Guns & Pearls

Guns do not have to be the way the cookie crumbles (or a child dies). I am sickened to see over and over the pictures of innocent children proudly holding their Honor Roll certificates just before they were gunned down in a classroom with balloons to celebrate their achievement. Blame cannot ease the anguish of the surviving students and staff or the tormented “If only I had….” guilt reactions from families of victims. We need problem-solving.

Yes, we must de-stigmatize mental health services and provide more outlets for folks to receive compassionate support both in schools and their communities. Yes, we must have gun security measures in every state. But what about the soul of America?

There have been other challenges over centuries in the U.S. in allowing every child’s birthright, a right to receive a good education in a peaceful school, but we must act collectively this time. It is the children from previous school shootings who seem most capable of leading us forward. The term “full circle” comes to mind.

Mandala is the Sanskrit word for circle. In India the mandala is a spiritual symbol. Both in Egypt and India the circle represents a snake eating its own tail. I ate the gun circle cookie that was given to me. Named the ouroboros (Greek for tail-devouring snake),the symbolism behind the circle is renewal. I believe renewal is possible in America. Call me a cockeyed optimist.

Today mandalas are used as coloring projects for both children and adults. Ancient Indian mandalas (or colored circles) were used as a focal point to regard the sacred space of meditation. Psychologist Carl Jung interpreted mandalas to mean an integration of opposites. What we need today is for individuals with opposing views to color together on the same mandala page, or to find renewal of common humanity together.

When will our law-makers come together in their rotundas in most state capitals and in Washington, DC to make a common mandala? We cannot let these circular sacred spaces be used primarily for lying-in-state memorials for the prominent dead.

I wrote the above lines early Sunday morning. Then I went to church and was surprised by a snippet of synchronicity! Our beloved children in Religious Education were featured – pictures of their assembled mandala with flowers, leaves, and other objects from nature were projected on a large screen. The children had covered a circular tabletop with an intricate mandala design! Children model renewal for us daily.  

In The Picture of Dorian Gray, Oscar Wilde wrote about the Venetian merchant Marco Polo witnessing people living on the island of Zipangu (Japan) put rose-colored pearls in the mouths of the dead. Let’s not say good-by so early to precious pearl children.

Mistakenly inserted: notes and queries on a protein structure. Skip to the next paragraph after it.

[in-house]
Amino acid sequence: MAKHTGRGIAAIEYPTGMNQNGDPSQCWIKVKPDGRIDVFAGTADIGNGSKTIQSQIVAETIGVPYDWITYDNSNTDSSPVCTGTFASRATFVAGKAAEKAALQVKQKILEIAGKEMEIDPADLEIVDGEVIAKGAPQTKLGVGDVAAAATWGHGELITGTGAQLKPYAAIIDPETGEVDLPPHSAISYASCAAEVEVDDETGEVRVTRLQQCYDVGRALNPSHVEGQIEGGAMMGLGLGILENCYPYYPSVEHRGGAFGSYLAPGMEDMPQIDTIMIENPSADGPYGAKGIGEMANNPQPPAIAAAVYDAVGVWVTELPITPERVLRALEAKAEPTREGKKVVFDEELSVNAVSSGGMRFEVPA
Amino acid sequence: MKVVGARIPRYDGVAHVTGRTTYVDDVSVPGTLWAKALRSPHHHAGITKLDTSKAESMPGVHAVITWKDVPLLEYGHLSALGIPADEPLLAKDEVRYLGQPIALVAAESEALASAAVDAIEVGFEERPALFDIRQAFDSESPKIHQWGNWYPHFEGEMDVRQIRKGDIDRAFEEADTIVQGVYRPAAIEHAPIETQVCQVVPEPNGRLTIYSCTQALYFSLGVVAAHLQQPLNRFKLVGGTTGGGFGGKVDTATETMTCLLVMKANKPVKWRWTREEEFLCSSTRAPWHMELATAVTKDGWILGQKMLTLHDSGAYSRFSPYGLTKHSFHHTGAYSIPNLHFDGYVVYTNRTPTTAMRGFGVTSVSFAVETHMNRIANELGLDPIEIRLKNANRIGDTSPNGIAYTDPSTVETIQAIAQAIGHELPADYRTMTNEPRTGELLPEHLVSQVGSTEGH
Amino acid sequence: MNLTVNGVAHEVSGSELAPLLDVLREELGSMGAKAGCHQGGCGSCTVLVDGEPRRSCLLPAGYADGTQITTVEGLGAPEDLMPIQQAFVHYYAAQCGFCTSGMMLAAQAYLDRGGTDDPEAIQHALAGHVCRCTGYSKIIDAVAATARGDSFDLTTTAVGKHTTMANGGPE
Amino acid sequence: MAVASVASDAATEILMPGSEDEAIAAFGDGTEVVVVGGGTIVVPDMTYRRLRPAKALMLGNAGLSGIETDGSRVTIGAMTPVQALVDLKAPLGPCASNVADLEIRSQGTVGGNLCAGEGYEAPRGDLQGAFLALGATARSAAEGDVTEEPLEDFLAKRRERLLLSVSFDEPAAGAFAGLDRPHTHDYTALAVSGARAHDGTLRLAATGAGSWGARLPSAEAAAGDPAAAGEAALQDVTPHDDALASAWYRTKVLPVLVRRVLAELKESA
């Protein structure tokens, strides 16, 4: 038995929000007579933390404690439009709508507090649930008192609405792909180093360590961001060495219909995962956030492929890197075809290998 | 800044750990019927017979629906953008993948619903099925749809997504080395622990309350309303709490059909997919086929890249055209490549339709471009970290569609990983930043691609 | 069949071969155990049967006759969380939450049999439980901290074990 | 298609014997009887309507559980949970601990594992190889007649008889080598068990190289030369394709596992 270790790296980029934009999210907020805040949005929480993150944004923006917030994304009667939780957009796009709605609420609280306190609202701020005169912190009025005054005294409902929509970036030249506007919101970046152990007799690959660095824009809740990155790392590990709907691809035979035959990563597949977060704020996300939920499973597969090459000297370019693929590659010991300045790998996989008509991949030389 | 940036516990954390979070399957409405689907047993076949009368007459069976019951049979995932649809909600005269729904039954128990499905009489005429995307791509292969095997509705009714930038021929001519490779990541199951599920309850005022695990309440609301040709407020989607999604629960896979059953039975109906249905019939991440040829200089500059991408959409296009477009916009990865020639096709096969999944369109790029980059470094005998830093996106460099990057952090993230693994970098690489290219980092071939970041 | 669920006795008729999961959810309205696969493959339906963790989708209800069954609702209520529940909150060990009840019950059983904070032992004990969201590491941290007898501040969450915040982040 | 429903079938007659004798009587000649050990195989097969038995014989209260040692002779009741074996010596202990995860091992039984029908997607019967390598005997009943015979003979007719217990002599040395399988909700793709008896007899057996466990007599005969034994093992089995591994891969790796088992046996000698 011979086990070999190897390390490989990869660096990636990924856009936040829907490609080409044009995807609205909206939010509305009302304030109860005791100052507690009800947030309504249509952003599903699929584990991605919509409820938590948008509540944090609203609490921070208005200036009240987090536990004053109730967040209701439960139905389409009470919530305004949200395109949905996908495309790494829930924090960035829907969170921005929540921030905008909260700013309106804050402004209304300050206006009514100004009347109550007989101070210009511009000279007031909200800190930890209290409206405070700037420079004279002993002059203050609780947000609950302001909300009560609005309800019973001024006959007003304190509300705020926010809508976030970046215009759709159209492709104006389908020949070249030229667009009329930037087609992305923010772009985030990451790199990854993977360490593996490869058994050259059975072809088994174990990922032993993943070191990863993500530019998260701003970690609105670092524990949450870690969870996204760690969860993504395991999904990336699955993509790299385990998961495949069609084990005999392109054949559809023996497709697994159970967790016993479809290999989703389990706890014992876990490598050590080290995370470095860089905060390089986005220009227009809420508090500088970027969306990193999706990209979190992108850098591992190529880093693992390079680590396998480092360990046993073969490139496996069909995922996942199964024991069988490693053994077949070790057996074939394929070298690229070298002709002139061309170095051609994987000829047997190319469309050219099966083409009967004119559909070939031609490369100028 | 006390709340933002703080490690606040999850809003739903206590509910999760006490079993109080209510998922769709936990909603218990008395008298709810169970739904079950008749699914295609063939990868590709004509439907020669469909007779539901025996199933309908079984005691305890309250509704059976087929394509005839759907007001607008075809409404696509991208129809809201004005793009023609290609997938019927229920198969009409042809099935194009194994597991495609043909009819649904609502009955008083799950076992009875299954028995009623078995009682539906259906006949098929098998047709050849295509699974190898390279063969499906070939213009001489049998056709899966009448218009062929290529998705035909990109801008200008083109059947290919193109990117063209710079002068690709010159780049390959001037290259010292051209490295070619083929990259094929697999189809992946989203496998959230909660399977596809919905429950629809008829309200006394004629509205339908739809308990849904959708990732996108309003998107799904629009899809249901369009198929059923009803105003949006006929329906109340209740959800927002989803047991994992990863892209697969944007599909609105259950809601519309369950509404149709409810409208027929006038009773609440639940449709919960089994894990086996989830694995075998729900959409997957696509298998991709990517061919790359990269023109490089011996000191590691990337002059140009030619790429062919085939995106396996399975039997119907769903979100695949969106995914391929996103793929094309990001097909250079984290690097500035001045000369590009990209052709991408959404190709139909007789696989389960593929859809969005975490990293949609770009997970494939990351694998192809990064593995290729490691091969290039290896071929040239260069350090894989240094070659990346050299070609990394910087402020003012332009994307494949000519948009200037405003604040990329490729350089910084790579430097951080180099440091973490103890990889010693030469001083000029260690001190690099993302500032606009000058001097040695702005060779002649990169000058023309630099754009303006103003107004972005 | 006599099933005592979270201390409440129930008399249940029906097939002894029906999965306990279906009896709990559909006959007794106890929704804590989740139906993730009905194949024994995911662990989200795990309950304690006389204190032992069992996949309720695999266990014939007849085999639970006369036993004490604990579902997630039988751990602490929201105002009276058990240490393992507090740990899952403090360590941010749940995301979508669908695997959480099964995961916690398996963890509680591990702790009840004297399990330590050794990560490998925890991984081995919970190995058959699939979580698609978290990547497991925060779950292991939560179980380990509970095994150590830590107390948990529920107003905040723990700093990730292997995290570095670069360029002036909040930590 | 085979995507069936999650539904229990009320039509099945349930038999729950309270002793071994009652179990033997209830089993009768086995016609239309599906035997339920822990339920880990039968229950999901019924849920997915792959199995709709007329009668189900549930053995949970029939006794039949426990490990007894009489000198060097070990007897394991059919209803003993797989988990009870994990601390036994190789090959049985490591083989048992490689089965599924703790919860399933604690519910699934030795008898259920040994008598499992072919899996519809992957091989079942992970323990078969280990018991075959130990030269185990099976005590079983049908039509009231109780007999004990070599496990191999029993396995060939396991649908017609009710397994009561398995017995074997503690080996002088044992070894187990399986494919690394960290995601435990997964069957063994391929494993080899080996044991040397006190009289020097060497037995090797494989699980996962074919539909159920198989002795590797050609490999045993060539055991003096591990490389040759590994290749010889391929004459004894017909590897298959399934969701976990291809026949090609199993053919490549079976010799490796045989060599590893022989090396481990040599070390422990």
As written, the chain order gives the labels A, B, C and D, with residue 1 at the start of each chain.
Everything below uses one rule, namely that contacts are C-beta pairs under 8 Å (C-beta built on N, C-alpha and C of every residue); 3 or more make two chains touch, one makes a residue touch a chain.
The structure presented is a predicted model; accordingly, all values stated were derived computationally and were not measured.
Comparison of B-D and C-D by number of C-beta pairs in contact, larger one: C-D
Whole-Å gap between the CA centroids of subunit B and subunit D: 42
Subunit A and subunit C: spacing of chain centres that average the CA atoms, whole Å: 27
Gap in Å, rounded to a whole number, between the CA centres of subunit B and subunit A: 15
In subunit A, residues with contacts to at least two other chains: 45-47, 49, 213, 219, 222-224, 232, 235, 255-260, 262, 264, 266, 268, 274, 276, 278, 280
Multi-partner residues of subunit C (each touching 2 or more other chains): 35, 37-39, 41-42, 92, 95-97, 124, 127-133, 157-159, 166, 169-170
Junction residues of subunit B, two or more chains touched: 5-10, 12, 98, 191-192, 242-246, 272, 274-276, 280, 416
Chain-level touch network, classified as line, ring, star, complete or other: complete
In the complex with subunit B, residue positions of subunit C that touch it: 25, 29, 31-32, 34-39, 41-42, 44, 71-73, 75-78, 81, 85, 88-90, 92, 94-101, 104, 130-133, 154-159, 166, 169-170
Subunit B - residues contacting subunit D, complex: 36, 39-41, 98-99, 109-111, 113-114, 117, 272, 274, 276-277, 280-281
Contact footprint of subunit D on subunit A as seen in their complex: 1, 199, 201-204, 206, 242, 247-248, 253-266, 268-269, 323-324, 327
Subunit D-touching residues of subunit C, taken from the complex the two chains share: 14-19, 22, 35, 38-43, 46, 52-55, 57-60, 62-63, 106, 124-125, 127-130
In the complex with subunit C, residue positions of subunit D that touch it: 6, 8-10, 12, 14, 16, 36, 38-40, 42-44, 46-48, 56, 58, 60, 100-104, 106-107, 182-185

Pearls of Peace (PoP) Quiz:

90. What child can you think of who needs to hear from you how precious they are?

91. In what ways can you come together with another who may have views opposite of yours?

By Janis Johnston

Janis Clark Johnston, Ed.D., has a doctorate in counseling psychology from Boston University. She has worked with children, families, and groups (ages 3-83) with presenting issues of anxiety, depression, trauma, loss, and relationship concerns. She initially worked as a school psychologist in public schools and was awarded School Psychology Practitioner of the Year for Region 1 in Illinois for her innovative work. She was a supervising psychologist at a mental health center, an employee-assistance therapist and a trainer for agencies prior to having a family therapy private practice. Recipient of the 2011 Founder’s Award for her dedication to the parenting education of Parenthesis Family Center (now called New Moms), and the 2002 Community Spirit Award from Sarah’s Inn, a domestic violence shelter and education center, Johnston is an active participant in numerous volunteer activities supporting children and families in her community. A frequent presenter at national psychology and educational conferences, Johnston has published journal articles, book chapters, and two books -- It Takes a Child to Raise a Parent: Stories of Evolving Child and Parent Development (2013, hardback; 2019, paperback) and Midlife Maze: A Map to Recovery and Rediscovery after Loss (2017, hardback; 2019, paperback). In addition to augmenting and supporting personal growth in families, Johnston is a Master Gardener and loves nurturing growth in the plants in her yard.


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